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Are your eating habits setting you up for type 2 diabetes?

by , 07 February 2018
Are your eating habits setting you up for type 2 diabetes?
Eating foods like cereal and bacon may seem harmless, but can actually increase your risk of type 2 diabetes.

The blood sugar disease is caused by insulin resistance, which occurs when your body can't produce insulin properly. Insulin is the hormone that controls your blood sugar levels.

There are a number of factors that can cause insulin-producing cells to fail, including obesity, inactivity, smoking, drinking too much alcohol and regularly eating high-glycaemic foods that spike your blood sugar levels.

There are also certain eating habits that can raise your risk of type 2 diabetes. Keep reading to learn about four of them.

Four eating habits that can boost your risk of type 2 diabetes

#1: You mainly eat starchy vegetables
Vegetables are packed with nutrients that are fantastic for your overall health. One new study found that the antioxidants in produce might also help cut your risk of type 2 diabetes. But not all vegetables are made equal – starchy vegetables contribute to blood sugar spikes and weight gain, which could up your risk of the disease. So, make sure the majority of your vegetable intake consists of non-starchy kinds and that you eat starchy types in moderation.
#2: You’re a red meat fanatic
It’s well established that eating too much red meat can increase your risk of heart disease. Now, there’s evidence that eating red meat even in small portions can boost your risk of type 2 diabetes, too. A meta-analysis from the Harvard School of Public Health found that eating just one serving of red meat a day was associated with a 19% increased risk of type 2 diabetes.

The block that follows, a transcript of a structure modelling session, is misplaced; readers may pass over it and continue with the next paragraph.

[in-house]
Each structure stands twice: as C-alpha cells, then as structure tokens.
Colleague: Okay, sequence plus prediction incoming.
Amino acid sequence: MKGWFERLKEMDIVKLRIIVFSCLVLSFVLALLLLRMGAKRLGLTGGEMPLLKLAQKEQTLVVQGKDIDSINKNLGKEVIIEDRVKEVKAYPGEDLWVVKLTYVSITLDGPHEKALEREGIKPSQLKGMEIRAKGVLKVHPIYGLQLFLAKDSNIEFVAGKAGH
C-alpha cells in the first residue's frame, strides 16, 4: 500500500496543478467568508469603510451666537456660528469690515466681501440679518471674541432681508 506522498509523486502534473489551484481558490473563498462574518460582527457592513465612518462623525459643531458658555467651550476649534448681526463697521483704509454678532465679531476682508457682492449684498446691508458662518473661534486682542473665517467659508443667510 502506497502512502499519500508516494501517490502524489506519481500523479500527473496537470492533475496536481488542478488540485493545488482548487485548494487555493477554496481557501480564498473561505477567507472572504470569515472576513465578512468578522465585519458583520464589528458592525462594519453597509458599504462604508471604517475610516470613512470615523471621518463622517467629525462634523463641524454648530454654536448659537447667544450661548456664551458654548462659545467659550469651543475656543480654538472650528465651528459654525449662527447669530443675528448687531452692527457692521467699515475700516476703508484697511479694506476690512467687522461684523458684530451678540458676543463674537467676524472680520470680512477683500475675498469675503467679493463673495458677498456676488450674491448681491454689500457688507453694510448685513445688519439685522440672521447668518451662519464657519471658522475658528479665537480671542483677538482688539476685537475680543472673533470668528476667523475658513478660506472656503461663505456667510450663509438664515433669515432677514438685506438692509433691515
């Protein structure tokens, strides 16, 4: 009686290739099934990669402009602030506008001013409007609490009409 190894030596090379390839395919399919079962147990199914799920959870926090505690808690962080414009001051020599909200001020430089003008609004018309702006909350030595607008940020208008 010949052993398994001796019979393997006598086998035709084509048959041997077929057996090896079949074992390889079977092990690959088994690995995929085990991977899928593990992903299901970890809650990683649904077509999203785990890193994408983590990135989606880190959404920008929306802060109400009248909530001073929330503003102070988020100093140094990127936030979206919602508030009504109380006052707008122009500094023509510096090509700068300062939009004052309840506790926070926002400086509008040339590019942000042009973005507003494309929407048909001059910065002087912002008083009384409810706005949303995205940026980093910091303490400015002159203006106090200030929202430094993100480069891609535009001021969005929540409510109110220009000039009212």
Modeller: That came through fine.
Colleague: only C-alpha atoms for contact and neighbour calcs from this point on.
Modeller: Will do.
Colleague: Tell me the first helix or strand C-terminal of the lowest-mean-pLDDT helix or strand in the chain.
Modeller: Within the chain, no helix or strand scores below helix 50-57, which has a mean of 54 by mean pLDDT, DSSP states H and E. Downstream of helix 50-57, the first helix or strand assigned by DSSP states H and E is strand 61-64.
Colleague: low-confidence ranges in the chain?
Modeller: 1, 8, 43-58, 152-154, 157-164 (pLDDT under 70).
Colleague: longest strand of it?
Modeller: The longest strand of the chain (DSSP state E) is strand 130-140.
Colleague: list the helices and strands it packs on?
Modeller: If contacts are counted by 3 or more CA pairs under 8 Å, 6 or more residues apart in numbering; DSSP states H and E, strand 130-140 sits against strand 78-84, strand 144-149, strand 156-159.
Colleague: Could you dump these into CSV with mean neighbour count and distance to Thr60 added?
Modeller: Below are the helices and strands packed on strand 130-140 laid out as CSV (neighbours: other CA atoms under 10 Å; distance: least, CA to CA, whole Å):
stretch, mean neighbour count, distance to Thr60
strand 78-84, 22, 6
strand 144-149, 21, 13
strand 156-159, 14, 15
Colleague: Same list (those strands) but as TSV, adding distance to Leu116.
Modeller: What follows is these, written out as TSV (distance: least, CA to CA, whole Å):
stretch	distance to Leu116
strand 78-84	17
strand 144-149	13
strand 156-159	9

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#3: Dried fruit is your go-to snack
Dried fruit might seem like a healthy snack, but most types are loaded with sugar, which can drive your blood sugar levels through the roof unlike their fresh counterparts. While one piece of fresh fruit (like an apricot) is enough to fill you up, you’ll need quite a few pieces of the dried type before you feel satiated, which means you’re consuming a lot more sugar.
#4: You don’t eat enough nuts and seeds
Nuts and seeds are chockfull of healthy polyunsaturated fats, which have been found to help prevent type 2 diabetes by improving insulin resistance, according to a Swedish study. So, it’s important that you get enough of them in your diet. Walnuts are an especially great choice as they activate a part of your brain that’s involved in appetite control.
There you have it – four eating habits that can lead to type 2 diabetes.

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